Oh Brothers, Where Were Thou?

Oh Brothers, Where Were Thou?

Starbreeze Studios' latest was nearly lost in the din of the E3 show floor.

While stumbling through Microsoft's Xbox One-dominated E3 booth earlier this month, I got momentarily lost in the crowd, and found myself shoved aside into steerage, a crowded horseshoe of Xbox 360 games packed so tightly together that once you added in the developer demo-ers to help people through each game, there was basically no room for actual show-goers to try them. That's where Starbreeze's Brothers: A Tale of Two Sons had taken up residence, and it's where I stumbled onto one of my favorite games from the show.

As the subtitle suggests, the game is about two young boys, a responsible older child and his precocious, mischievous little brother. Each brother is assigned an analog stick for movement and a trigger for interaction, so players control the pair simultaneously throughout the game. At first the combination is a bit like rubbing your head while patting your belly, especially when certain puzzles call for the brothers to alternate actions. I found it just unnatural enough that I couldn't "auto pilot" my way through even the simplest of tasks, but not so unnatural that the controls were hindering progress.

Brothers: A Tale of Two Sons is a striking departure from the norm for Starbreeze.

Developed with award-winning Swedish film director Josef Fares, Brothers played like a game with its own distinct voice, in no small part because it doesn't actually use voice. In fact, it doesn't convey anything at all to the player through speech or text. There is no visual interface, and other characters in the game speak a sort of gibberish, getting their message across more through gestures than language.

In theory, the creative limitations Starbreeze imposed on themselves with Brothers should help push them toward better storytelling; it's tough to run afoul of the "Show, don't tell" maxim when you've taken away your most straight-forward tools to tell people anything. Starbreeze understands that well, as the E3 demo was rich with characterization told through animation. In one optional puzzle involving a pack of rabbits, the older brother picks them up carefully and respectfully, keenly aware of the harm he could cause the fragile creatures. The younger brother, on the other hand, grabs hares by the ears and stomps around with the poor creatures' bodies hanging limply from his hand.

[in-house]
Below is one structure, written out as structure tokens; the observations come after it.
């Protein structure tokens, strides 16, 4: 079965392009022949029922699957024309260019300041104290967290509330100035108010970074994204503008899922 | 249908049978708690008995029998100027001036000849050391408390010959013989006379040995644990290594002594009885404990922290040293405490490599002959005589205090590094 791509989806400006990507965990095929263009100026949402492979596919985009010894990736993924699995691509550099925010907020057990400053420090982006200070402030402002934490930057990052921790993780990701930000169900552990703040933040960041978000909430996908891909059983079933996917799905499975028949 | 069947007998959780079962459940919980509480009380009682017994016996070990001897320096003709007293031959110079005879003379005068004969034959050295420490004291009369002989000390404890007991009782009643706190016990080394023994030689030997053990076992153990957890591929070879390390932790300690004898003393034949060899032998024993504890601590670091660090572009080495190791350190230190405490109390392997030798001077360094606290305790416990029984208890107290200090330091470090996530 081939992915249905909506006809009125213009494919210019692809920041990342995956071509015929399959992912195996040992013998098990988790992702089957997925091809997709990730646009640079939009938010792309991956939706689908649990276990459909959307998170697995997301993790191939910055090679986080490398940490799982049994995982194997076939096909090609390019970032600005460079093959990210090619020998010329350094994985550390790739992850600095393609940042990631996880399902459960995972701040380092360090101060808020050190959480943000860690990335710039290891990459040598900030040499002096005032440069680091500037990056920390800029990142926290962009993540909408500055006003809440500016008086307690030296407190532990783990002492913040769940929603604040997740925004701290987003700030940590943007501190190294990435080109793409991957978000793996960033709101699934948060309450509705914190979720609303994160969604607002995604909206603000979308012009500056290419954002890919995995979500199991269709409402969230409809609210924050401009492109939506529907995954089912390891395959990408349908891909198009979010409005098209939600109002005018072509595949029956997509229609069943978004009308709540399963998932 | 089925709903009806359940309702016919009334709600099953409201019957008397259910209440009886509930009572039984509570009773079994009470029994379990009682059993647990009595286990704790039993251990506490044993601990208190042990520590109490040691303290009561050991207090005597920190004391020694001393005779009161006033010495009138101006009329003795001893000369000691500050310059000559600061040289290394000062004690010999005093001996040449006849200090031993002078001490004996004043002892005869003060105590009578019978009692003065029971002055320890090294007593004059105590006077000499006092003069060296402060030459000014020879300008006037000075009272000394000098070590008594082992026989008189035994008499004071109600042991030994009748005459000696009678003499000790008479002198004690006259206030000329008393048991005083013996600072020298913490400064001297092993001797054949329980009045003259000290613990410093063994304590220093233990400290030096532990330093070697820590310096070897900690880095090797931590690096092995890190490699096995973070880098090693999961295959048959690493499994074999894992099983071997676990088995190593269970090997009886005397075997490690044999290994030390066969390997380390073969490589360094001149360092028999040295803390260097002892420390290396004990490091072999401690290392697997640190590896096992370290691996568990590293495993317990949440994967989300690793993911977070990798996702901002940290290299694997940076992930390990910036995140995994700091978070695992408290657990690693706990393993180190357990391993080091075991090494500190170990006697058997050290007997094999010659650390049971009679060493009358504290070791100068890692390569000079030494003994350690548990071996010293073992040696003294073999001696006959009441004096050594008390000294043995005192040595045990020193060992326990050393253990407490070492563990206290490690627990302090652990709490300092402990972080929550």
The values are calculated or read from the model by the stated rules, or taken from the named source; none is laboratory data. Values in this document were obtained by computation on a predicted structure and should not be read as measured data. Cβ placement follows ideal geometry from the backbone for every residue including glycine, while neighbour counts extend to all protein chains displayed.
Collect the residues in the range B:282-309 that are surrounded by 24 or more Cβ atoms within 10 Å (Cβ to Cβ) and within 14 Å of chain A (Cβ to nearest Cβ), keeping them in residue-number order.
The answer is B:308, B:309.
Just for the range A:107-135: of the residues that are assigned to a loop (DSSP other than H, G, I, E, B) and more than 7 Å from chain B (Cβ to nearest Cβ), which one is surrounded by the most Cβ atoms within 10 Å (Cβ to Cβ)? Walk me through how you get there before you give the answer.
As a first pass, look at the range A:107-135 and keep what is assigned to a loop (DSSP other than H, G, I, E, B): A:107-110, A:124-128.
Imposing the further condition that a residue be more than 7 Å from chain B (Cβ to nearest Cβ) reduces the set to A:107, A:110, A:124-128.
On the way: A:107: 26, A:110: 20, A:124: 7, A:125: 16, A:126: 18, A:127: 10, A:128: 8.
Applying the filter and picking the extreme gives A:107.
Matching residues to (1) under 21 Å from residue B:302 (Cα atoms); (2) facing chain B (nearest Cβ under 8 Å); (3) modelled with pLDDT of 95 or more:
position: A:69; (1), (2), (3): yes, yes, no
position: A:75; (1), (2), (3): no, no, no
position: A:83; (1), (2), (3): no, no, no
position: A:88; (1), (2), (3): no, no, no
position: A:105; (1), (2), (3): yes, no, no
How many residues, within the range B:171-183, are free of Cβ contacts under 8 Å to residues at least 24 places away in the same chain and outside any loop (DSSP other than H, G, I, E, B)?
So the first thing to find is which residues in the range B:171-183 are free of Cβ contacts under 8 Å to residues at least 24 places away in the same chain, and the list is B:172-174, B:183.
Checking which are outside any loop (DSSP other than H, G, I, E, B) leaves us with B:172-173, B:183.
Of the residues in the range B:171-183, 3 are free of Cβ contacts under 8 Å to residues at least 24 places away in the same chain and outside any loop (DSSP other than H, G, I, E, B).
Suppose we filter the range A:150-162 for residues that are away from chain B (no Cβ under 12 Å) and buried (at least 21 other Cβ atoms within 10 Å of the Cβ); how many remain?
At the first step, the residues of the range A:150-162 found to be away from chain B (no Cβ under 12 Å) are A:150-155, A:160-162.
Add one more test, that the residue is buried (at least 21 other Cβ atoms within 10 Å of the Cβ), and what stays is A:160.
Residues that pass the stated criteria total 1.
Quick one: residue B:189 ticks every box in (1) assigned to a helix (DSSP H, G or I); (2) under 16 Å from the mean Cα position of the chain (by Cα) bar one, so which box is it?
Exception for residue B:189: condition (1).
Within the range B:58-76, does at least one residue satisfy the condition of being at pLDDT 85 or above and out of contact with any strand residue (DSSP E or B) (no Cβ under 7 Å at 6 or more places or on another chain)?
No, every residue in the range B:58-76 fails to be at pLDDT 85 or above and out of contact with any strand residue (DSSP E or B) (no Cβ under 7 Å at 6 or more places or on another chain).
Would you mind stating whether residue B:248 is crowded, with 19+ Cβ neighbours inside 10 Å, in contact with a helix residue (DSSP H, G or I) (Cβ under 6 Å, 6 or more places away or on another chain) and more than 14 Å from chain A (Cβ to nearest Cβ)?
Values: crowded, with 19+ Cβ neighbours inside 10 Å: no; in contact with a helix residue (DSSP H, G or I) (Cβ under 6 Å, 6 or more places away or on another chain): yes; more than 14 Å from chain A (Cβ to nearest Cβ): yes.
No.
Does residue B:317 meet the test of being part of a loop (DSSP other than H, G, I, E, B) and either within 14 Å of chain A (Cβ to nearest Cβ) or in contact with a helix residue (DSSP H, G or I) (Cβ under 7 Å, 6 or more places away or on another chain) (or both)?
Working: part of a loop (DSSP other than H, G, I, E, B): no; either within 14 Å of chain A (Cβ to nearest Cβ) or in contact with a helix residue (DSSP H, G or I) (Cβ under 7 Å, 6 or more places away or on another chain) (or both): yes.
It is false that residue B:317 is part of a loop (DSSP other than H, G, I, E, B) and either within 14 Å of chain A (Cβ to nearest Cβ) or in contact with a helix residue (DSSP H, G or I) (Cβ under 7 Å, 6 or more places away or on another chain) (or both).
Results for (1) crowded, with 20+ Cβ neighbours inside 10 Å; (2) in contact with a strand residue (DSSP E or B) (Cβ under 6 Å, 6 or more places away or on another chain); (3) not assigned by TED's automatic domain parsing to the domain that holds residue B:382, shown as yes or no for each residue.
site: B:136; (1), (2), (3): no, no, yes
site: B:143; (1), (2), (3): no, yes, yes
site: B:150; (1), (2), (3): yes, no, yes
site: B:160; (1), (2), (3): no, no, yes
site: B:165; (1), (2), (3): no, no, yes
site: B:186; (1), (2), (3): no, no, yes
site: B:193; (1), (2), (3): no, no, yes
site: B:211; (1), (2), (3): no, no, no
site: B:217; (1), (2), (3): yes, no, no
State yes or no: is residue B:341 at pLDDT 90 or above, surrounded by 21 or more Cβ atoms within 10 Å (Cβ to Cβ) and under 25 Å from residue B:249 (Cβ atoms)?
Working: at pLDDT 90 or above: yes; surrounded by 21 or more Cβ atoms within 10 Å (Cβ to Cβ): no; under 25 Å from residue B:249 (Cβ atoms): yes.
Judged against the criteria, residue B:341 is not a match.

Although it's unlike any of Starbreeze's previous efforts, Brothers seems like a nice bit of symmetry for the studio. The developer had its breakout hit almost a decade ago with The Chronicles of Riddick: Escape from Butcher Bay, a movie tie-in Xbox game starring Vin Diesel, patron saint of bros. The game was praised for its visual fidelity and a gritty, violent world full of mature themes. Nearly a decade later, the studio is making another bro game with ties to the medium of film, but one without the emphasis on combat or the M-for-Mature rating. Instead, Brothers is a game about familial bonds that immerses players in a fantastic fairy tale world, and it seems all the more mature for it.

Brothers: A Tale of Two Sons is set for a downloadable release on PS3, Xbox 360, and PC soon.

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Brendan Sinclair

Managing Editor

Brendan joined GamesIndustry International in 2012. Based in Toronto, Ontario, he was previously senior news editor at CBS-owned GameSpot in the US.

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